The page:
AWS publishes best practices for how to tag your resources for cost tracking, automation, and organization. But how do you enforce that you’re doing it correctly across all of your projects? And is it really necessary to manually track down all those places where you missed a tag and manually patch things up? In this article, we’ll see how to use Policy as Code to enforce your team’s tagging strategies in addition to some powerful Infrastructure as Code techniques to automate applying your tags in a consistent way across all of your projects and resources.
In an earlier article, we introduced examples of Policy as Code to prevent two of the most common causes of data breaches. Policies are the guardrails of infrastructure. They control access, set limits, and manage how infrastructure operates. In many systems, policies are created by clicking on a GUI, making it difficult to replicate or version. Pulumi implements policy by writing it in Typescript, which ensures that you can write policies using software development practices such as automated testing, deployment, and version control.
Modern applications have brought many benefits and improvements, including the ability to scale and rapid iterations to update software. However, this has come at the cost of complexity. Modern infrastructure is composed of many resources that require detailed configuration to work correctly and securely. Even managed solutions from cloud service providers need additional configuration to ensure that services are secure and free of defects. Cloud providers, such as AWS, do allow you to create policies to ensure that applications are secure, but they are specific to resources that are already deployed. A significant benefit of Policy as Code is the ability to verify and spot problems before deploying your infrastructure.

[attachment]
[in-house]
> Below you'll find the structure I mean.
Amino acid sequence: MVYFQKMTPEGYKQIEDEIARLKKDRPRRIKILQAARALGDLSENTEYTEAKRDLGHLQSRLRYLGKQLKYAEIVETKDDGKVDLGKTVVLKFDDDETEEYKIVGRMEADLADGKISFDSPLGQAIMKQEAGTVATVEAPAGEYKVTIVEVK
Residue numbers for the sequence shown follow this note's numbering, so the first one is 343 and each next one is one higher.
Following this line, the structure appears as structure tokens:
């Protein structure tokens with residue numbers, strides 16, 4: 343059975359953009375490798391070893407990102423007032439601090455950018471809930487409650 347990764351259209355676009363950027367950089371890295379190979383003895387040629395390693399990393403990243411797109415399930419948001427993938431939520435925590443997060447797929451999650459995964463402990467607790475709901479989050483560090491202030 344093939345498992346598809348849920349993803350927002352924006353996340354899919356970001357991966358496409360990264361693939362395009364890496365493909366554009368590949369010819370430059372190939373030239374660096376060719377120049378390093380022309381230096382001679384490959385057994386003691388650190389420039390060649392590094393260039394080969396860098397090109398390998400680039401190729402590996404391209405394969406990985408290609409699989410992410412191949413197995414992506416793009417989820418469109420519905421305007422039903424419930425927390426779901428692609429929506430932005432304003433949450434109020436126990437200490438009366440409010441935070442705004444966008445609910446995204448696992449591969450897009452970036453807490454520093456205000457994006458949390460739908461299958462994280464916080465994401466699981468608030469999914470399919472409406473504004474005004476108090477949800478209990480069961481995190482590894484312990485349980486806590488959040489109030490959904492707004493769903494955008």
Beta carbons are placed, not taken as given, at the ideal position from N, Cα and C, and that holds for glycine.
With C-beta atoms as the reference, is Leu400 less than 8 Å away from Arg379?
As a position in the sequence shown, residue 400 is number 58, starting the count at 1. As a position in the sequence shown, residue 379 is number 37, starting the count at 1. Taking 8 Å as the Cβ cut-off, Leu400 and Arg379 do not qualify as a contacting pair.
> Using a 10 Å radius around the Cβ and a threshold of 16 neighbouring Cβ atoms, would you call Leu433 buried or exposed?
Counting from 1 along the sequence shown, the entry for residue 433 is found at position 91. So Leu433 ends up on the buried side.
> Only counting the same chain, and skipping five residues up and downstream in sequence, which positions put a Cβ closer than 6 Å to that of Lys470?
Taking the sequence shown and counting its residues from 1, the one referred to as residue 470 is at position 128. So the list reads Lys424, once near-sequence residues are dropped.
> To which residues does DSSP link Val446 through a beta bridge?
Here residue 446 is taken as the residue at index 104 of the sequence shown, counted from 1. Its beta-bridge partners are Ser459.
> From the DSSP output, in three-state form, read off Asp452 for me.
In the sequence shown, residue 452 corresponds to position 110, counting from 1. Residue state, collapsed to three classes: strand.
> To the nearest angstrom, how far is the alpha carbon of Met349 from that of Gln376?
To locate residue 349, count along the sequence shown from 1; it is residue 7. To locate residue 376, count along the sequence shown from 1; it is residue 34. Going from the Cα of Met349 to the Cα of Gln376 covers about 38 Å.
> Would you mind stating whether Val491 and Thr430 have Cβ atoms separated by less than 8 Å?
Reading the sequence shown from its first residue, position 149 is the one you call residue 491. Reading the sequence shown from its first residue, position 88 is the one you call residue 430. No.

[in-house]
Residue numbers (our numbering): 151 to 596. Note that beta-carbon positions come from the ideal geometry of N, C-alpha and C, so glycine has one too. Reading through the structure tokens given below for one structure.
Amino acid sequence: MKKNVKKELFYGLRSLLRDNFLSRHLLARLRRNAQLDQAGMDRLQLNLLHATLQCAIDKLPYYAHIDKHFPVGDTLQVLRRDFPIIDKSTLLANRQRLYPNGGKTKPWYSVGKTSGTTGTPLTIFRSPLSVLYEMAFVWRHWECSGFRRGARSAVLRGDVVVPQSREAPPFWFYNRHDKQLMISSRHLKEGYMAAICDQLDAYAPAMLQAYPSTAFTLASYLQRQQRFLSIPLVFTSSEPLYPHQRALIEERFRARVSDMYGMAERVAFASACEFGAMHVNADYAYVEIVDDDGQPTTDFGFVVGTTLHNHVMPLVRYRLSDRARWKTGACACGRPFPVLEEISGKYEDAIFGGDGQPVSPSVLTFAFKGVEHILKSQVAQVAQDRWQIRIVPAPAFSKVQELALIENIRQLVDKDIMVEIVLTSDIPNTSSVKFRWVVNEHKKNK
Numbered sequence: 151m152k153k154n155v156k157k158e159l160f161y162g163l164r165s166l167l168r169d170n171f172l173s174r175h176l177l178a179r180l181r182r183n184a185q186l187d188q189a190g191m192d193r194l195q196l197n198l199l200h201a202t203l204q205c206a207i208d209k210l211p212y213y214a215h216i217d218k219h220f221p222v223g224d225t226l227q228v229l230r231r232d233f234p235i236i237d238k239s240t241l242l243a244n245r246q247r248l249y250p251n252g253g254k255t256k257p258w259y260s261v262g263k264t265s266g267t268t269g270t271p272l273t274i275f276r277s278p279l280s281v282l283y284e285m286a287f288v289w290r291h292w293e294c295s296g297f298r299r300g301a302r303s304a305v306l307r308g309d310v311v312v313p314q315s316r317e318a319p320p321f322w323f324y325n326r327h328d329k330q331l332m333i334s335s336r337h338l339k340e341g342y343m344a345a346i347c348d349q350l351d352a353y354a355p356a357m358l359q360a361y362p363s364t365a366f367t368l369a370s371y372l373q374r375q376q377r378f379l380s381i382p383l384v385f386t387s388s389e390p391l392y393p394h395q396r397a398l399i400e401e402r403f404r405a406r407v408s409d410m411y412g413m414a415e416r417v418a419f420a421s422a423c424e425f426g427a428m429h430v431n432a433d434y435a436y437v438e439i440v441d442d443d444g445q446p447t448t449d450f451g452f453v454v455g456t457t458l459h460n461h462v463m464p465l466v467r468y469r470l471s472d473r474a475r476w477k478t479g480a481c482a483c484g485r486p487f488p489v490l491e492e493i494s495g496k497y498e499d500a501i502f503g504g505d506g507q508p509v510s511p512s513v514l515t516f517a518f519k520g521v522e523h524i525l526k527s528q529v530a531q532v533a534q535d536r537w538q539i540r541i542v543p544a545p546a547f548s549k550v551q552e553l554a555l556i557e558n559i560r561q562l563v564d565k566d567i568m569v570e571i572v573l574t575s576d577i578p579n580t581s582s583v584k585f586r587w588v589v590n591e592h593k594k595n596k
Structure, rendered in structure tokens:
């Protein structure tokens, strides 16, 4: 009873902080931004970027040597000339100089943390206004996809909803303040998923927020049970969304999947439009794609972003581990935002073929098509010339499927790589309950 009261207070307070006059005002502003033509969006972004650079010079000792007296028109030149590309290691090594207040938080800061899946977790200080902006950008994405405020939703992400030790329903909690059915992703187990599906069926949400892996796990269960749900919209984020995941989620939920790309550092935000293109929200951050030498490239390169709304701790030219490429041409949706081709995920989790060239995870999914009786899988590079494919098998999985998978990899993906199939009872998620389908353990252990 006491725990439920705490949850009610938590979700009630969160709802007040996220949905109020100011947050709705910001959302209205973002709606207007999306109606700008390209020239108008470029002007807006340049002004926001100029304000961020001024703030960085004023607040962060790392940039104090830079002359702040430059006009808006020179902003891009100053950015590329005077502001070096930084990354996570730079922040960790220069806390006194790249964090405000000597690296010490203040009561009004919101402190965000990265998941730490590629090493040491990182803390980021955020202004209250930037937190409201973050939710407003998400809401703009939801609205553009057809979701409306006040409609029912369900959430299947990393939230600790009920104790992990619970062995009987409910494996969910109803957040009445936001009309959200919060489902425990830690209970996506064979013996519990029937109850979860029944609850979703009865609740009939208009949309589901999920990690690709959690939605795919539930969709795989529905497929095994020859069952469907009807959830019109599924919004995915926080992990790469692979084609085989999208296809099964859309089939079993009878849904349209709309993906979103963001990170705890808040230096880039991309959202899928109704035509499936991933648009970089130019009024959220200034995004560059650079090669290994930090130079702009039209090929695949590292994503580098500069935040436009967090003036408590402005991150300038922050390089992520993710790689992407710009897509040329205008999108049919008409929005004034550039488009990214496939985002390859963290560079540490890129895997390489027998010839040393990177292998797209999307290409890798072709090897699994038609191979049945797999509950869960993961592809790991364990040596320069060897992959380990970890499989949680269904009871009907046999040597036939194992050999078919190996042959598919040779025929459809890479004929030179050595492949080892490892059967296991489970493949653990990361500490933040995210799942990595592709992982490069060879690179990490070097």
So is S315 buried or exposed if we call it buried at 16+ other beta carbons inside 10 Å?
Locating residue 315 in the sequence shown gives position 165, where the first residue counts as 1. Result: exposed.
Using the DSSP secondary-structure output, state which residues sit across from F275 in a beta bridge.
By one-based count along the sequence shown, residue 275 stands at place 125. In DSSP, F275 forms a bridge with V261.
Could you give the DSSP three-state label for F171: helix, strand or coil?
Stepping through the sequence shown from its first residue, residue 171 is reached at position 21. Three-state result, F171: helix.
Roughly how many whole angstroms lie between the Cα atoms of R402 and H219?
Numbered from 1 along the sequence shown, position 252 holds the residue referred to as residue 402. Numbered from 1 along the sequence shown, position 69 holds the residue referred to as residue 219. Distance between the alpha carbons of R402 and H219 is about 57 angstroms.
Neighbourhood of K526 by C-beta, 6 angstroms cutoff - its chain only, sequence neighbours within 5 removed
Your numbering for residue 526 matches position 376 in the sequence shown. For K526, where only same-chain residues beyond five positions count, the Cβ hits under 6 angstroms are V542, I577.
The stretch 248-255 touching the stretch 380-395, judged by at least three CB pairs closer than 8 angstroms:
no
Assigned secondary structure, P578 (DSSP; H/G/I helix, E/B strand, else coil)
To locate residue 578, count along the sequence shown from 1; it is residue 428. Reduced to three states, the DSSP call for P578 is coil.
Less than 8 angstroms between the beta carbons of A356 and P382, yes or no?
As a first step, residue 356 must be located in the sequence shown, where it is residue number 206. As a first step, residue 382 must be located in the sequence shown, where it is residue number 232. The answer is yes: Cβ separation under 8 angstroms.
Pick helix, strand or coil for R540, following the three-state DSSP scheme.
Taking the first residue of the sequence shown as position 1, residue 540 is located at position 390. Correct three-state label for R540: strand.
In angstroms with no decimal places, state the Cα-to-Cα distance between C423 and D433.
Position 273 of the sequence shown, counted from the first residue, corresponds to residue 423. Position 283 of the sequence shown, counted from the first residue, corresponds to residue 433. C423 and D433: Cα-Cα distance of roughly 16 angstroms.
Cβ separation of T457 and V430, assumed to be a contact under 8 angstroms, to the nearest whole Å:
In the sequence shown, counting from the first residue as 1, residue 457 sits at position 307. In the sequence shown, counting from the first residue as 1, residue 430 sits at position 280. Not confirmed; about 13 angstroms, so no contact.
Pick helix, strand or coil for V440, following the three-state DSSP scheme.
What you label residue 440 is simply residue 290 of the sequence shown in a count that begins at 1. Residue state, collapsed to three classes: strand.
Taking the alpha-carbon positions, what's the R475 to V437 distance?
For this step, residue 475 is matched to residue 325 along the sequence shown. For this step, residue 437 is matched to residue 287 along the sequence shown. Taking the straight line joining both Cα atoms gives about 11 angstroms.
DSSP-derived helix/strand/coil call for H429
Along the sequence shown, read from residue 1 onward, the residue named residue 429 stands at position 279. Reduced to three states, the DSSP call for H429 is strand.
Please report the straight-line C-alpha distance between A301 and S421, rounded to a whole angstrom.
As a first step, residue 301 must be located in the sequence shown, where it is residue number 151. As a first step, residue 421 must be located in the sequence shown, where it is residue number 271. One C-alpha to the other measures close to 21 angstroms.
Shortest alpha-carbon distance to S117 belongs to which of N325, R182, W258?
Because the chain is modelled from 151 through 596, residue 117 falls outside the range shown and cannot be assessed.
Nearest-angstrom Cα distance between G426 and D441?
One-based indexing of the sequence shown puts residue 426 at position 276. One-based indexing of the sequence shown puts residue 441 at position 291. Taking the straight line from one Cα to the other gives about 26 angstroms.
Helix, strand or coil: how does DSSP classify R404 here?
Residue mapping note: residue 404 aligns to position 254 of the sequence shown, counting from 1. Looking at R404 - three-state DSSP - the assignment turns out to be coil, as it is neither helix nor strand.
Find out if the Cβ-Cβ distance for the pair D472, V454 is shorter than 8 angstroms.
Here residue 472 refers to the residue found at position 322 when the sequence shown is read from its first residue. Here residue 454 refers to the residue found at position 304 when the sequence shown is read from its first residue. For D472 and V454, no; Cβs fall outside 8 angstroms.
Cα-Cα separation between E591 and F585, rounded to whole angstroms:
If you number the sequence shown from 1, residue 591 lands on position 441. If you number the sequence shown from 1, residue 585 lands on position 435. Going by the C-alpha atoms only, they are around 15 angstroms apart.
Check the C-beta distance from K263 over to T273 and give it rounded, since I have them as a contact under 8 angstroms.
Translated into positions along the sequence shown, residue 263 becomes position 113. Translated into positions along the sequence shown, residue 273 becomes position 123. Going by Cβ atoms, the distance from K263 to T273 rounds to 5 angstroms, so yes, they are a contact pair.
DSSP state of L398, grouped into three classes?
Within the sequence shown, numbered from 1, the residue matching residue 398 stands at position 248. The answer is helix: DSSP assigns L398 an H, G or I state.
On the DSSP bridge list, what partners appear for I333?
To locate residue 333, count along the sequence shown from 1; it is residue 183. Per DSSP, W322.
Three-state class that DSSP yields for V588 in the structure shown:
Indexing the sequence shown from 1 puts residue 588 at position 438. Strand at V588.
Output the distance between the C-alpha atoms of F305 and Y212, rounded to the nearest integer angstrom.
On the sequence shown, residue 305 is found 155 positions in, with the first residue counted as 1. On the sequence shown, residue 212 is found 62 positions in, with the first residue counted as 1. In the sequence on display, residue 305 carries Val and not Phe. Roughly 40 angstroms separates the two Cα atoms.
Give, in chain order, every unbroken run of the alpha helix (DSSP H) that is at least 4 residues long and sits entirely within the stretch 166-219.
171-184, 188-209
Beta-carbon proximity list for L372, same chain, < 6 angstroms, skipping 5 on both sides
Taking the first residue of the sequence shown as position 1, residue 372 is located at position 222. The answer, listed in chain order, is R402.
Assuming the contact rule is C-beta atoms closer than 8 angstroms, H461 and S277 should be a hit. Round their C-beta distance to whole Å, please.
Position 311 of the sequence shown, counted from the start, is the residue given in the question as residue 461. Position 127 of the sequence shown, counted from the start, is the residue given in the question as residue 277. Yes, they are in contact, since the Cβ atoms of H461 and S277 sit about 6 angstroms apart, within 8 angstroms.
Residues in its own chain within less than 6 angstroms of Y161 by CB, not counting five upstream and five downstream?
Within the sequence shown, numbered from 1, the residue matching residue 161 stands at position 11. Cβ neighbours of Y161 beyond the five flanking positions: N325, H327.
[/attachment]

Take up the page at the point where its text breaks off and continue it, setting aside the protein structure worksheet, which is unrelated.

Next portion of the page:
We recently announced a new policy as code solution, CrossGuard that validates policies at deployment time. Policies are expressed as code and are used to prevent the creation of out-of-compliance resources. This allows an organization to prevent entire classes of security and reliability defects to ensure infrastructure is following best practices. Because policies are written using full-blown programming languages, it’s possible to do interesting things such as combining IAM Access Analyzer and Pulumi CrossGuard. In this post, we’ll take a closer look at the different types of policies that can be written.
Yesterday AWS announced an exciting new feature — the AWS Identity and Access Management (IAM) Access Analyzer — a service powered by automated reasoning that detects potentially-insecure access to your AWS resources, including S3 Buckets, SQS Queues, Lambdas, and more. At the same time, Pulumi announced a new policy as code solution, CrossGuard, that validates policies at deployment time. The question is: Can IAM Access Analyzer and Pulumi CrossGuard be combined to get the best of both solutions?
Over the past few months, we have been hard at work on Pulumi CrossGuard, a Policy as Code solution. Using CrossGuard, you can express flexible business and security rules using code. CrossGuard enables organization administrators to enforce these policies across their organization or just on specific stacks. CrossGuard allows you to verify or enforce custom policies on changes before they are applied to your resources. CrossGuard is 100% open source and available to all users of Pulumi, including the Community Edition. Advanced organization-wide policy management features are available to Team Pro and Enterprise customers.